At the corner of 12th and vine streets in Over-the-Rhine, a tall man in a black vest and top hat commands the attention of a few dozen suburban-looking Cincinnatians.
"We're no Antietam, Gettysburg or Shiloh, but I guarantee you that this place was a battleground," he says. "It was a battlefield for the hearts and minds of Cincinnatians…who had to sleep with one eye open for four years."
Mac Cooley was delivering the opening lines of "Cincinnati Civil War; Heroes, Halls and Holy Houses," a new walking tour exploring Civil War History in Over-the-Rhine. The tour will start every Saturday in September in front of Mica 12/v on Vine Street. It is the third tour that Cooley, Jerry Gels and their friends and family operate in the Greater Cincinnati Area - and the second in Over-the-Rhine.
While the other tours - Newport Gangster Tours
and Queen City Underground
- cover salacious topics like prostitution and beer, Gels said he thinks the history in this tour is the most significant they've covered yet.
It doesn't get any bigger than people who follow the Civil War and want to hear Civil War stories, so our goal is to put Cincinnati on the map for that," Gels said.
The tour begins on Vine Street and heads to Washington Park beneath a monument for the 9th Ohio Volunteer Infantry - the Dutch Devils - an all German speaking group from Over-the-Rhine. It moves into Memorial Hall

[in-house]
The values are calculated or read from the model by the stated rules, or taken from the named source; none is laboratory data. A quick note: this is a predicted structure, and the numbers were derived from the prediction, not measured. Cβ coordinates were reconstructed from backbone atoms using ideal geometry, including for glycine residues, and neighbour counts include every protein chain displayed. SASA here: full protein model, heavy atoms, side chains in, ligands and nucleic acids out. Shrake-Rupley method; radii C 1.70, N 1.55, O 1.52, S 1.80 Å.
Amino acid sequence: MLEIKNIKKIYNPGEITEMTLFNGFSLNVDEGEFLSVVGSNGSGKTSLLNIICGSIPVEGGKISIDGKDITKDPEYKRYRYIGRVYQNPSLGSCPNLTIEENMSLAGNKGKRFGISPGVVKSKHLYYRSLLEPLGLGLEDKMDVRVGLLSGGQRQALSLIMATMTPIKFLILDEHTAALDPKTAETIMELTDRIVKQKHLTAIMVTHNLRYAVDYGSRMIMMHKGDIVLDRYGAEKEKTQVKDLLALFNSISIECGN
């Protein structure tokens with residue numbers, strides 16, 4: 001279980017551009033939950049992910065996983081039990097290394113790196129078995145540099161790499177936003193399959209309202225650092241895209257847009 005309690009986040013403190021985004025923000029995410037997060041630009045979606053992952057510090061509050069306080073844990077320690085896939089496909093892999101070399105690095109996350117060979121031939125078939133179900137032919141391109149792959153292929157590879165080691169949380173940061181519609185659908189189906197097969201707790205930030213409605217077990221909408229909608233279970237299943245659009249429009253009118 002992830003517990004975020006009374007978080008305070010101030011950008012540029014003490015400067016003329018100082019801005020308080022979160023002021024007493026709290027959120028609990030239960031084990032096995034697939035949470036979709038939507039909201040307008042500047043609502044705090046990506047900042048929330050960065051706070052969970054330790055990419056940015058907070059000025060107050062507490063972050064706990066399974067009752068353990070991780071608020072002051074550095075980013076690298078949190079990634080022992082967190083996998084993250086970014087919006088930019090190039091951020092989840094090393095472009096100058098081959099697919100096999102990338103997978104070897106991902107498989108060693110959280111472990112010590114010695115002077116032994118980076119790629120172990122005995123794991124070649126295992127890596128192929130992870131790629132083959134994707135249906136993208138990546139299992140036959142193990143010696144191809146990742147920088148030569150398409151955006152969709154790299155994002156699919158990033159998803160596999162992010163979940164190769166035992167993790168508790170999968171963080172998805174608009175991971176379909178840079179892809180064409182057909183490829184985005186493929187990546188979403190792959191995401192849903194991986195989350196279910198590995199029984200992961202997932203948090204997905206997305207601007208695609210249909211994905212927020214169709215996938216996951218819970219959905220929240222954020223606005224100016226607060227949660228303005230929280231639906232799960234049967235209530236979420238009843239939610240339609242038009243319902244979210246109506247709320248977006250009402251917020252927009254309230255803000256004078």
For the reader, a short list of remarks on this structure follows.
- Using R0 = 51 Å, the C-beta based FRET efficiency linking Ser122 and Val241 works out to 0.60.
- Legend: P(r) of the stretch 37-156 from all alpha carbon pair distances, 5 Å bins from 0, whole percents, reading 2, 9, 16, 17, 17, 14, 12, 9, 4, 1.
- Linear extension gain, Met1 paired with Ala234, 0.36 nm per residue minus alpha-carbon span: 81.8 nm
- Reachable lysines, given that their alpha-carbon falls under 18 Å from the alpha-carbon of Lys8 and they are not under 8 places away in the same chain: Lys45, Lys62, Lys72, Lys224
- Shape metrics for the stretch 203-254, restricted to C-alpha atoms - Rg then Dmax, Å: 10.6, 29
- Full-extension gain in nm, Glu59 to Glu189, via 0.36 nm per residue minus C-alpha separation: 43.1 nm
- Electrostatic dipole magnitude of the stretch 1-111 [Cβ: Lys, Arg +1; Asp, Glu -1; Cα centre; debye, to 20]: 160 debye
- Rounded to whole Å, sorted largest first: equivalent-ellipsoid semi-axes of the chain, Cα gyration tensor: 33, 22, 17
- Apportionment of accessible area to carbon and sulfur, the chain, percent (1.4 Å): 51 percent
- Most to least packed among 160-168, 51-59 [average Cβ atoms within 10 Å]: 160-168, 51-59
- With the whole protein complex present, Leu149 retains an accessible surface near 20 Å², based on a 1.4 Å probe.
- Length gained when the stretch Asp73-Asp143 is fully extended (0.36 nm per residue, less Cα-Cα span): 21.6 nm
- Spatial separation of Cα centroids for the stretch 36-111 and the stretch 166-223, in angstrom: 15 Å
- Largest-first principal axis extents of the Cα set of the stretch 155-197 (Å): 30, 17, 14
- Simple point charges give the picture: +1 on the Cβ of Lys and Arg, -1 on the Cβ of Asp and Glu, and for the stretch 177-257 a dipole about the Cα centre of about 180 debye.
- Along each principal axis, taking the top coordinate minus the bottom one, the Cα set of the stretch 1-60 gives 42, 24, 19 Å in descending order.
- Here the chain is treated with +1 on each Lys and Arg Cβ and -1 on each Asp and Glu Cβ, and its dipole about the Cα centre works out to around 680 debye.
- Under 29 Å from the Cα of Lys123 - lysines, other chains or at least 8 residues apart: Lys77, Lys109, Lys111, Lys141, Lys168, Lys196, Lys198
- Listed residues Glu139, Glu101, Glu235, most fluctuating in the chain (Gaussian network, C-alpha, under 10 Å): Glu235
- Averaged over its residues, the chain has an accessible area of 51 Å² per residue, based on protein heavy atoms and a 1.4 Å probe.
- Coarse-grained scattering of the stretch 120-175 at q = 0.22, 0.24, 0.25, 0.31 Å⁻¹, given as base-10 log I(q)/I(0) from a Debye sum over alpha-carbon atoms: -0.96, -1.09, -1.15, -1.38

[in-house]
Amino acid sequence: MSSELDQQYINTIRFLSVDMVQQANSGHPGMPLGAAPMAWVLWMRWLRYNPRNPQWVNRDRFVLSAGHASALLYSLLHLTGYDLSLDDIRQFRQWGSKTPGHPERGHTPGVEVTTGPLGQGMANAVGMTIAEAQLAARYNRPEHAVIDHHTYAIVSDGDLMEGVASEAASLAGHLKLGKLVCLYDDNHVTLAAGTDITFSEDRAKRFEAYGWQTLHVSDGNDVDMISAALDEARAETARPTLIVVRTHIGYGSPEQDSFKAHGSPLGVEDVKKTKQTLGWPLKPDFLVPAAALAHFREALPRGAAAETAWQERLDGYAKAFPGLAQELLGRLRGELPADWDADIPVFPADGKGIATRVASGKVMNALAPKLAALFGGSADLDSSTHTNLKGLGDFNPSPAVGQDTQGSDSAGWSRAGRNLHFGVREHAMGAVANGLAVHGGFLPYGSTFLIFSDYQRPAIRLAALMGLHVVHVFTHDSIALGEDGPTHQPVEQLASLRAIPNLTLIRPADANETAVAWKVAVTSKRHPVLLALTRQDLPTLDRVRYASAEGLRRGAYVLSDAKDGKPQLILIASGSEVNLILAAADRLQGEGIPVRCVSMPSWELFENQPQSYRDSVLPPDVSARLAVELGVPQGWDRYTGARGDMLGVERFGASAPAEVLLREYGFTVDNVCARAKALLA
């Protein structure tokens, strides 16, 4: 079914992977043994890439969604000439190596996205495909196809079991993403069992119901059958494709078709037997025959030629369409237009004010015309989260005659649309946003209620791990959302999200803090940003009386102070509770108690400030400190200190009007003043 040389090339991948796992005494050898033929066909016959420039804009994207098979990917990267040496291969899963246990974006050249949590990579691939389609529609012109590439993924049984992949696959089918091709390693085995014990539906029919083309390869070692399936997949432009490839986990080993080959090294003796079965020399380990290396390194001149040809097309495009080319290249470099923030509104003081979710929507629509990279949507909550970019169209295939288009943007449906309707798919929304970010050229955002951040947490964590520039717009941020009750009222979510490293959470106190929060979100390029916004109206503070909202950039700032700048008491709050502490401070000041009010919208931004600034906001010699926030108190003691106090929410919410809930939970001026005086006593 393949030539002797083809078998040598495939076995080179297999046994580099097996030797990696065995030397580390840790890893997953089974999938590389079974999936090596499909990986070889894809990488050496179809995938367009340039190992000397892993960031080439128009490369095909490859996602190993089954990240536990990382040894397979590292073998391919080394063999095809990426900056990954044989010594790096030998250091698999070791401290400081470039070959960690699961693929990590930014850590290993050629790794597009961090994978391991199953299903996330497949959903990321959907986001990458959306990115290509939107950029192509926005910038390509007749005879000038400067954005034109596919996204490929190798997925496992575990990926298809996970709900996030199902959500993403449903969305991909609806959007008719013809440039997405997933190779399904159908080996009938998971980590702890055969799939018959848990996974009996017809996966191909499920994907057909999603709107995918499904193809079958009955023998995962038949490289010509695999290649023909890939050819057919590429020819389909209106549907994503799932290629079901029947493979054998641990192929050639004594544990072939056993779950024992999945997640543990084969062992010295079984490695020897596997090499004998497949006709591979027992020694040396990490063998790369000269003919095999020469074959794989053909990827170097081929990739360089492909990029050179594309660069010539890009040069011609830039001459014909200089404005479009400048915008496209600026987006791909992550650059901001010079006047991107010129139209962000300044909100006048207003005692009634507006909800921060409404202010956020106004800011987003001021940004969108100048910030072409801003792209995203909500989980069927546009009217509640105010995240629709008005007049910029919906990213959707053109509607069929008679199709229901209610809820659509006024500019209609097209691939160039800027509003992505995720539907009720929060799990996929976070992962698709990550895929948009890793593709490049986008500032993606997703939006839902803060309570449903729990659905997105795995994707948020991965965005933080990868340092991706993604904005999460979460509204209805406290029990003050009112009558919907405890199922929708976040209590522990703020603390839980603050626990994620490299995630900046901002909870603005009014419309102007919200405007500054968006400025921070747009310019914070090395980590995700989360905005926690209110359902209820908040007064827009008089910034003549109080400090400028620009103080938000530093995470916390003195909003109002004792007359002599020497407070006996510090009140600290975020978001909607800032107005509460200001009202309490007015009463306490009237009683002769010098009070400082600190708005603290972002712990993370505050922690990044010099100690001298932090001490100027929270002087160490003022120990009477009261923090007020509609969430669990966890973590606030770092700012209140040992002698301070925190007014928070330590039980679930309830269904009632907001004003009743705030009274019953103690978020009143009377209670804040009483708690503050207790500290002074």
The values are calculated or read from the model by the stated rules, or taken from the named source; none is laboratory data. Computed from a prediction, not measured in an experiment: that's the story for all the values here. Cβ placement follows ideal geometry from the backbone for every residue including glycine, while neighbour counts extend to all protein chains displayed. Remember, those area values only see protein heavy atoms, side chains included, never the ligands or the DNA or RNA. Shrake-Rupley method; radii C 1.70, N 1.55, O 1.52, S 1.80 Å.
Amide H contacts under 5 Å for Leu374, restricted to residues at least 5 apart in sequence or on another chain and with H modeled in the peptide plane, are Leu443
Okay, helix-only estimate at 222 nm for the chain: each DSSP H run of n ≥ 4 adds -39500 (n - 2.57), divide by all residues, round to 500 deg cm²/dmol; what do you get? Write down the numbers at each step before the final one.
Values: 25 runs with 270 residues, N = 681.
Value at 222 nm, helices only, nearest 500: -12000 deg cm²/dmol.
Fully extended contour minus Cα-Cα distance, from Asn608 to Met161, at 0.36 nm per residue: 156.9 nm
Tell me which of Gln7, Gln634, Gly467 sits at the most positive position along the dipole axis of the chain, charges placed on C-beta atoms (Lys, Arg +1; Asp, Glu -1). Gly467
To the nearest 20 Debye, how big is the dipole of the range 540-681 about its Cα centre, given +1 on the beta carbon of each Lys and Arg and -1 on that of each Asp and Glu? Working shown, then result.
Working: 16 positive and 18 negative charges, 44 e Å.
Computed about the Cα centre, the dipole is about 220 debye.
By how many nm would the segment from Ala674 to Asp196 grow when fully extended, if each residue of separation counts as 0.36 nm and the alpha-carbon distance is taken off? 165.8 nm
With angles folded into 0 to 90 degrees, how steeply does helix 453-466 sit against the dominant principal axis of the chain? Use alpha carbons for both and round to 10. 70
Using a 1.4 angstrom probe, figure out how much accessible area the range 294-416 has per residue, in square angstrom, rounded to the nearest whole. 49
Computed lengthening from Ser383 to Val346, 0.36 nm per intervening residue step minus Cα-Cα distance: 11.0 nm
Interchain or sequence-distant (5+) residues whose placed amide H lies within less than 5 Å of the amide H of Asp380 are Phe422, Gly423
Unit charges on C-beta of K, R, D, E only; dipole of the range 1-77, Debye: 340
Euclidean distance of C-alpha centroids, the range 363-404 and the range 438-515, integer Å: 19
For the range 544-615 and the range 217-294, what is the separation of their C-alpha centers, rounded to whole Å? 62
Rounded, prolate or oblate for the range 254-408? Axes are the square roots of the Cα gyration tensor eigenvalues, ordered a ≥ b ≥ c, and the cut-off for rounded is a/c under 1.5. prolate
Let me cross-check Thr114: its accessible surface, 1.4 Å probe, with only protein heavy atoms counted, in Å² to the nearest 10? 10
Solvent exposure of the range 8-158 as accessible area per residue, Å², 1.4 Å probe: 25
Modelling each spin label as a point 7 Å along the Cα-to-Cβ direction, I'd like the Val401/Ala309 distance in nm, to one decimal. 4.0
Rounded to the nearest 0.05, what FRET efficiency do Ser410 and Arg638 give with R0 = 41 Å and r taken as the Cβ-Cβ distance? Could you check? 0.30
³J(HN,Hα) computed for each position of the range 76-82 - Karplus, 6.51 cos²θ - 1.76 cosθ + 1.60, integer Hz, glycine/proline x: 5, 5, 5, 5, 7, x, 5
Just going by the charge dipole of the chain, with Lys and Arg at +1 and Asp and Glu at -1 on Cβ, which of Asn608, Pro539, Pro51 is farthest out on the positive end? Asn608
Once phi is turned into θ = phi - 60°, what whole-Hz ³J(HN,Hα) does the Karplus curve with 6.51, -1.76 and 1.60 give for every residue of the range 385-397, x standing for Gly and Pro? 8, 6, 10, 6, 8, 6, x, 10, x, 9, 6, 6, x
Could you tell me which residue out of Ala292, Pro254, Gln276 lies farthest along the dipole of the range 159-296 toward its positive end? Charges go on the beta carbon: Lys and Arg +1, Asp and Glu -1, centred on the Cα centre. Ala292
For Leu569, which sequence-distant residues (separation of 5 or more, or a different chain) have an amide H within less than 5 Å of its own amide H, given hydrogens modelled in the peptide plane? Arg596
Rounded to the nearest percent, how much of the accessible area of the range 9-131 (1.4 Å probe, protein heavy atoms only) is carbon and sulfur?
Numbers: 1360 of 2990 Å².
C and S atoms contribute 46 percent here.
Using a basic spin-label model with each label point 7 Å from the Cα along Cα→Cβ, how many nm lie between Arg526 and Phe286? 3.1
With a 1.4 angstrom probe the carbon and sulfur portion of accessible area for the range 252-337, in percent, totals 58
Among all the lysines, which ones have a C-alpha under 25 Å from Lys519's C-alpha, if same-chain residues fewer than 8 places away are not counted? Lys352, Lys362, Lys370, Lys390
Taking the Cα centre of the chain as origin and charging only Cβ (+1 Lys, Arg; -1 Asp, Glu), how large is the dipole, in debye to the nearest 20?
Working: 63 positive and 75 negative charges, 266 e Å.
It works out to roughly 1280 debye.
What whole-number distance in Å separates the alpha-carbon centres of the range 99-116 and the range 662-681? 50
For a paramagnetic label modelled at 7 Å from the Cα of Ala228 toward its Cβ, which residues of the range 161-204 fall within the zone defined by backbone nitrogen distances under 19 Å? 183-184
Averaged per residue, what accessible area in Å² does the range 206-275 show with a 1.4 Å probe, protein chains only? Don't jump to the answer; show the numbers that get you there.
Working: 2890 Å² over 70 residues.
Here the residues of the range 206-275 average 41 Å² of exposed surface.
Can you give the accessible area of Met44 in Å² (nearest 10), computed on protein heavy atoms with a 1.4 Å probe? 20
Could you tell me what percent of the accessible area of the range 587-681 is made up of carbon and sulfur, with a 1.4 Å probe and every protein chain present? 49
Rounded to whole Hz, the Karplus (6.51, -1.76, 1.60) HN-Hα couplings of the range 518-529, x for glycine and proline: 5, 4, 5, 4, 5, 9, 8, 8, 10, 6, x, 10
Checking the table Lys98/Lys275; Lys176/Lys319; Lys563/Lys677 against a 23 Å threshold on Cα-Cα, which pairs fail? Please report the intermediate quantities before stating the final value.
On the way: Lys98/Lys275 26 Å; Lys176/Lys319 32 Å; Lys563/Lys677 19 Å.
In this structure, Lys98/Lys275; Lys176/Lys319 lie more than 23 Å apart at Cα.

, and then over to the Emery Theatre
which sits on the site of the Eagle Ironworks, where as many as 3,000 muskets a day were rifled for Union Troops. The tour ends at Old St. Mary's Church
Though no battles were fought in Cincinnati, much of the city's history was shaped by the war, and it provided a number of characters - like William Lytle, Powhatan Beaty and Sister Mary Anthony O'Connell -whose legendary actions figure prominently into Civil War history.
Gels teaches Biology and Cooley teaches English at Hughes High School in Covington. Gels won a Next Generation Leadership Award (NGLA)
for the work he does in the classroom and mission trips he leads to Jamaica. The business began when Gels and Cooley, then amateur history buffs, decided to hold a Gangster tour in Newport as a fundraiser for the mission trips. The tours were a hit, and the rest is history.
They are now investigating commercial spaces in Over-the-Rhine for a potential new home.
"We're interested in having a bricks and mortar place in Over-the-Rhine," Cooley said. "It's the largest historic district in America, people love heritage tourism and that's what we're good at."
Writer: Henry SweetsPhotography by Scott Beseler